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Fact Sheet

From the web page


The President signed the Ticket to Work and Work Incentives Improvement Act of 1999 on December 17. This new law:

  • increases beneficiary choice in obtaining rehabilitation and vocational services;
  • removes barriers that require people with disabilities to choose between health care coverage and work; and
  • assures that more Americans with disabilities have the opportunity to participate in the workforce and lessen their dependence on public benefits.
The provisions of the law become effective at various times, generally beginning one year after enactment. They are described below.

Establishment of the Ticket to Work and Self-Sufficiency Program
The program will be phased in nationally over a three-year period beginning January 1, 2001, with the first Tickets issued early in 2001.

Social Security and Supplemental Security Income (SSI) disability beneficiaries will receive a "Ticket" they may use to obtain vocational rehabilitation (VR), employment or other support services from an approved provider of their choice.

The Ticket program is voluntary.

Expanded Availability of Health Care Services
The law includes several enhancements to Medicaid and Medicare that are effective October 1, 2000.

States will have the option to provide Medicaid coverage to more people ages 16-64 with disabilities who work.

States will have the option to permit working individuals with incomes above 250 percent of the federal poverty level to buy in to Medicaid.

The law creates a new Medicaid buy-in demonstration project to provide medical assistance to workers with impairments who are not yet too disabled to work.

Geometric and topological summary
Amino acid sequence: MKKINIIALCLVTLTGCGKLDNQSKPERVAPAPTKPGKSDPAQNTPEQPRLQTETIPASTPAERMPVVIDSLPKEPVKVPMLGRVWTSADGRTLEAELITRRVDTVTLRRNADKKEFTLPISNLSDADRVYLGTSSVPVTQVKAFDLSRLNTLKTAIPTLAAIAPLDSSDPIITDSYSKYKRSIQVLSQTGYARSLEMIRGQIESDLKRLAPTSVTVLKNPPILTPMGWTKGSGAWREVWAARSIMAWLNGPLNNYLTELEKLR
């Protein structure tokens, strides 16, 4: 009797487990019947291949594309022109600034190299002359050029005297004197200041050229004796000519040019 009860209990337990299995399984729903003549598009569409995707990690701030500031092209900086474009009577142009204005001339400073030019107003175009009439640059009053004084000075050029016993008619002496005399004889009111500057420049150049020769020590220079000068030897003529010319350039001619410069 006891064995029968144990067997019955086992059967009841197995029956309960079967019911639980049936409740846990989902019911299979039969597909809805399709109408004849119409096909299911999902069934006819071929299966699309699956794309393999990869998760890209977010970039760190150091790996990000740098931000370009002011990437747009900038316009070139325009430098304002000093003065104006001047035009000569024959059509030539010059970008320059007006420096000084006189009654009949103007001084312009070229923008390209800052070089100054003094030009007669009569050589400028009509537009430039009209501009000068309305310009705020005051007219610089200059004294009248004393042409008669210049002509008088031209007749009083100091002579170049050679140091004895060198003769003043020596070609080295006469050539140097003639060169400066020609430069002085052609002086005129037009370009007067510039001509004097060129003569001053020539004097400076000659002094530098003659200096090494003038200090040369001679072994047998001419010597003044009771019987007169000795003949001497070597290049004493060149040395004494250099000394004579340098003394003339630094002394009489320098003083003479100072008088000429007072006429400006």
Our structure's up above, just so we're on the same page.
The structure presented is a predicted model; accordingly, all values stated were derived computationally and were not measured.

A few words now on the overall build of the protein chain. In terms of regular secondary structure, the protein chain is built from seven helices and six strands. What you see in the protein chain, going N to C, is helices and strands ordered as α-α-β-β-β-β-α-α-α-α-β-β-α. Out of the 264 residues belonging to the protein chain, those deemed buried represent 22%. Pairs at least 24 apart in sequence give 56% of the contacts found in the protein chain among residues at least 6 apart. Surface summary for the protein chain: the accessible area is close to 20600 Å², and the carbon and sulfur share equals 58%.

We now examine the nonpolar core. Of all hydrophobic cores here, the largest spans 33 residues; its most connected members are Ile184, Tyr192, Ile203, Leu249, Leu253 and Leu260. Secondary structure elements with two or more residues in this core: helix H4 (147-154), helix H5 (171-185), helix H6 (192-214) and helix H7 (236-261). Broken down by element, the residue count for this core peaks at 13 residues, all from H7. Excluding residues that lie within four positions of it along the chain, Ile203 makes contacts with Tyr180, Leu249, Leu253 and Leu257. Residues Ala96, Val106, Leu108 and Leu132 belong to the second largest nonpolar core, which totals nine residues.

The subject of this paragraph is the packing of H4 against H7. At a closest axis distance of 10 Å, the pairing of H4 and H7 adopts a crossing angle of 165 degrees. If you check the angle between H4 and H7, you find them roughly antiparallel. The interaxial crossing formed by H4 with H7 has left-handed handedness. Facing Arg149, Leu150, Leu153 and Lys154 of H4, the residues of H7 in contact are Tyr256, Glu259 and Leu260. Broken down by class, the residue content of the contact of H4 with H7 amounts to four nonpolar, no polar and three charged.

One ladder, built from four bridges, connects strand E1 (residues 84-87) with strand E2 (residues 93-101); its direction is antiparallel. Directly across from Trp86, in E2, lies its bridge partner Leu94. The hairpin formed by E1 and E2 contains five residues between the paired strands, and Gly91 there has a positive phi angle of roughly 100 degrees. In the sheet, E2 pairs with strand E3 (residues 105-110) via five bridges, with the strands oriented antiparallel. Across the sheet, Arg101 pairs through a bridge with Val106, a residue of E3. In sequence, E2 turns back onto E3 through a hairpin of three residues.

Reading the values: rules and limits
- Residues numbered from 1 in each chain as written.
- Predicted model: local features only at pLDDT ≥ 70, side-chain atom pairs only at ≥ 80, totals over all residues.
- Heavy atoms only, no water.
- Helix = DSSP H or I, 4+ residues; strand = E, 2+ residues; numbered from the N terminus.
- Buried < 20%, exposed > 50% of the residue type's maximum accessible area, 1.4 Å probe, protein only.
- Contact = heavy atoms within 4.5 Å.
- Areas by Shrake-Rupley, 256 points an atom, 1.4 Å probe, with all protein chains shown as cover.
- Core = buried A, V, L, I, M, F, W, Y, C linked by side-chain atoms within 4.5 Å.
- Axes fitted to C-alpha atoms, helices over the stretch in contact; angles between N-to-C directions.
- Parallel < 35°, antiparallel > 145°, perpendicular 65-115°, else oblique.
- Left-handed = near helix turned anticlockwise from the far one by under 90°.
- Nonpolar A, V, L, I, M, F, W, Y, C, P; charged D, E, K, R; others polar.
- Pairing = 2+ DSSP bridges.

The law also extends Medicare coverage for people with disabilities who return to work. It extends Part A premium-free coverage for 4 1/2 years beyond the current limit for Social Security disability beneficiaries who return to work.

Expedited Reinstatement of Benefits
Effective January 1, 2001, when a person's Social Security or Supplemental Security Income disability benefits have ended because of earnings from work, he or she would be able to request reinstatement of benefits.

Beneficiaries must be unable to work because of their medical condition.

They must file the request for reinstatement with Social Security within 60 months from the month of their termination.

While Social Security is making a new determination, beneficiaries may receive up to six months of provisional benefits, including Medicare and Medicaid, as appropriate.

If Social Security decides that the medical condition no longer prevents the individual from working, the provisional benefits paid would not be considered an overpayment.

Continuing Disability Reviews
Effective January 1, 2001, Social Security cannot initiate a continuing disability medical review while a Social Security or SSI disability beneficiary is using a ticket. Cash benefits may be subject to termination if earnings are substantial.

Effective January 1, 2002, work activity by a Social Security disability beneficiary who has received Social Security disability benefits for at least 24 months could not be used as a basis for conducting a disability review. However, the individual would be subject to regularly scheduled medical reviews. Again, cash benefits may be subject to termination if earnings are substantial.

Work Incentives Advisory Panel
The law establishes a Work Incentives Advisory Panel within Social Security composed of 12 members appointed by the President and Congress. The Panel is to advise the Commissioner and report to Congress on implementation of the Ticket program. At least one-half of the Panel members are required to be individuals with disabilities, or representatives of individuals of disabilities, with consideration given to current or former Social Security disability beneficiaries.

Work Incentives Outreach Program